Call to Order: President Marion Claybrook called the meeting to order at the Quilt Museum in Paducah, Kentucky with approximately 20 members and guests in attendance.
Business: Secretary Melissa Earnest and Treasurer Marvin Downing had prepared the minutes and treasurer’s report and distributed copies to those in attendance. Bob Lochte moved to accept the minutes as presented with Lonnie Maness seconding the motion. The motion carried. John Robertson moved to accept the treasurer’s report as presented with Bob Lochte seconding the motion. The motion carried. Membership dues have remained the same and are payable to Downing for the 11-12 membership year. Earnest, the Journal editor, thanked Ann Adams and the personnel at the University of Tennessee Martin printing department for another wonderful printing of the Journal. Earnest noted this year’s edition was truly a page-turner! Cecelia Edwards showed the progress she has made on the quilt. It basically needs the border and the quilting completed to be finished. In new business, Claybrook presented the following slate of officers for 11-12: President – Gil Mathis; Vice-President – Bob Lochte; Secretary – Cecelia Edwards; Treasurer – Marvin Downing and Member-at-Large – Melissa Earnest. John Robertson and Bob Lochte moved to accept the slate of officers by acclamation. The motions carried for each office.
Program: Claybrook introduced John Robertson as the guest speaker. Robertson has lived in Paducah for more than 50 years, researching its history for many of those years. Robertson added Vonnie Shelton of the McCracken County Public Library had been assisting him in transcribing the letters of Jennie Fyfe. Fyfe arrived in Cairo, Illinois, on her way to Paducah, Kentucky to work as a nurse during the Civil War era. The letters she wrote to her family provide an eyewitness account of Nathan Bedford Forrest’s arrival in Paducah. Fyfe wrote about the Paducah raid while she was in hospital #2 where she could see the rebels arriving. Fyfe eventually began a new part of her life in the spring of 1865 after the Civil War ended. She started working as a teacher and supported the recently freed African Americans in their quest for education. Fyfe was part of the movement devoted to the advancement of freed blacks, especially in Louisiana. She was an accomplished woman in her own right and died from complications of cataract surgery. Fyfe’s grave is in Lansing, Michigan and her letters belong to the University of Michigan, but Robertson and Shelton obtained permission to transcribe them and to have the information presented at the JPHS meeting.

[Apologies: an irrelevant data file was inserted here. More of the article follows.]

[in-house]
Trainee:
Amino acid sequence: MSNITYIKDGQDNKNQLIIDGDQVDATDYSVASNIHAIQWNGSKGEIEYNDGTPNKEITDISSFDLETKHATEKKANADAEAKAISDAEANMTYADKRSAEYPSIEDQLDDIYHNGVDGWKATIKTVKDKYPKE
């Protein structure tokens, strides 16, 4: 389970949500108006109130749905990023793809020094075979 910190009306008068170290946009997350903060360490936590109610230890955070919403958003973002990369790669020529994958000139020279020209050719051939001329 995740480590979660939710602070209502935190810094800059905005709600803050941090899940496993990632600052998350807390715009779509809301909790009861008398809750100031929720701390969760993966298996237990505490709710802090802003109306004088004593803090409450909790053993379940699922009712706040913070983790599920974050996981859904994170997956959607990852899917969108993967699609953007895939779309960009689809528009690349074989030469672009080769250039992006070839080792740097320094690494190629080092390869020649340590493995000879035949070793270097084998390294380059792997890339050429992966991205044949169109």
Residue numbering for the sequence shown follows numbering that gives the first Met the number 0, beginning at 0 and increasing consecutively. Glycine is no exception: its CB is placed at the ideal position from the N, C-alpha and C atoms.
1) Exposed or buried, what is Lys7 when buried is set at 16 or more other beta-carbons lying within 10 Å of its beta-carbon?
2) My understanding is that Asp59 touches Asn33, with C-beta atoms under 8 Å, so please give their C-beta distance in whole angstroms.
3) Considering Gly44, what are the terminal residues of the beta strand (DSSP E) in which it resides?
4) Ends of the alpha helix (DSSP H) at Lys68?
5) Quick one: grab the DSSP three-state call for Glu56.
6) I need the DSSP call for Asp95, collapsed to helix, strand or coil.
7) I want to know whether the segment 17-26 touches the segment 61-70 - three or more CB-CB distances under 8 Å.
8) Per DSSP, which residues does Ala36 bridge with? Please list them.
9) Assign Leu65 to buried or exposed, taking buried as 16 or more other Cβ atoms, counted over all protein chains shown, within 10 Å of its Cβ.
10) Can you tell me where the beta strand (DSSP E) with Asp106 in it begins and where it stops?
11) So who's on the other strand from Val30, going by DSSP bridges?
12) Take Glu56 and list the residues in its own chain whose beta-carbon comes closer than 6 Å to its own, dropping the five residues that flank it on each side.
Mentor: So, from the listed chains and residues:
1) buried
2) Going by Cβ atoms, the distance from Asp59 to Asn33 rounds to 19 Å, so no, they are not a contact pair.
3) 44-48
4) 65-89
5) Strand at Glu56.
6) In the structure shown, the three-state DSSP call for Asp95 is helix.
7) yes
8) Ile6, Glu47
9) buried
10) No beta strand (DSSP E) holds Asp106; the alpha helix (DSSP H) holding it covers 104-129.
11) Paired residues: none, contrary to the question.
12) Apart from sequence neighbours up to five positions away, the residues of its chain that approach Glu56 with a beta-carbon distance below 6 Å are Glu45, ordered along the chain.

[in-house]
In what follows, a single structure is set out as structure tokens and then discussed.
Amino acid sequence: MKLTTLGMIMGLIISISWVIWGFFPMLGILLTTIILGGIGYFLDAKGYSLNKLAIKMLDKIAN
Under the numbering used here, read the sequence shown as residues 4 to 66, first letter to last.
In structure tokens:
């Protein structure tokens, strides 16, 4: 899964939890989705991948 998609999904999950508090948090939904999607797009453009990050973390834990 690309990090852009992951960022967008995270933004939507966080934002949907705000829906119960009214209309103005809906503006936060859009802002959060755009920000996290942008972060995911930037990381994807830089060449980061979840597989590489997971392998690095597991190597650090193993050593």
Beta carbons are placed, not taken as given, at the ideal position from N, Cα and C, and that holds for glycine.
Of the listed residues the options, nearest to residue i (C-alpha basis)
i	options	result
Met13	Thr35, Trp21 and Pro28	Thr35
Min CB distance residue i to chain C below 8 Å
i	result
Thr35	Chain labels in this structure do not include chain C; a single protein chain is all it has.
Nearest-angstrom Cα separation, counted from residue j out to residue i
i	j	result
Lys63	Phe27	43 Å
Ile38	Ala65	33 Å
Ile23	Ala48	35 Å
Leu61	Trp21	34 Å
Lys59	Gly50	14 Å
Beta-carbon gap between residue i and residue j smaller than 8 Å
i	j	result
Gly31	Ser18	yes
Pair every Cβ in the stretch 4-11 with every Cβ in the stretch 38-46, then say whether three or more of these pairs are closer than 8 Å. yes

Adjournment: The fall meeting will be held in November in Martin, Tennessee, in conjunction with the West Tennessee Historical Society. Dr. Stan Dunagan will present a program on the New Madrid earthquake. Members and guests were encouraged to take advantage of the half-price admission to the Quilt Museum after the meeting was adjourned.
In conjunction with Paducah’s Annual Emancipation Celebration McCracken County Public Library will present, African American Genealogical Research: Tips and Tools to Help you Find Your Black Roots, with Stefan Jagoe on Thursday August 4, 2011 at 7:00 p.m. in the library meeting room. Because of the dismantling of families during slavery and the fact that Africans brought no surnames as we know them to America, doing African American family history research can be quite a challenge. Most of African Americans were not included by name in the Federal Census until 1870. Jagoe will present the basic principles of genealogy research and the most common sources utilized, including census records and birth and death records. He will also examine some alternative sources for the African American researcher, particularly for those predating 1870. Jagoe is a Paducah native and avid genealogist. He is a retired officer with the Paducah Police Department and is actively involved in the community serving as Youth Minister at Grace Episcopal Church.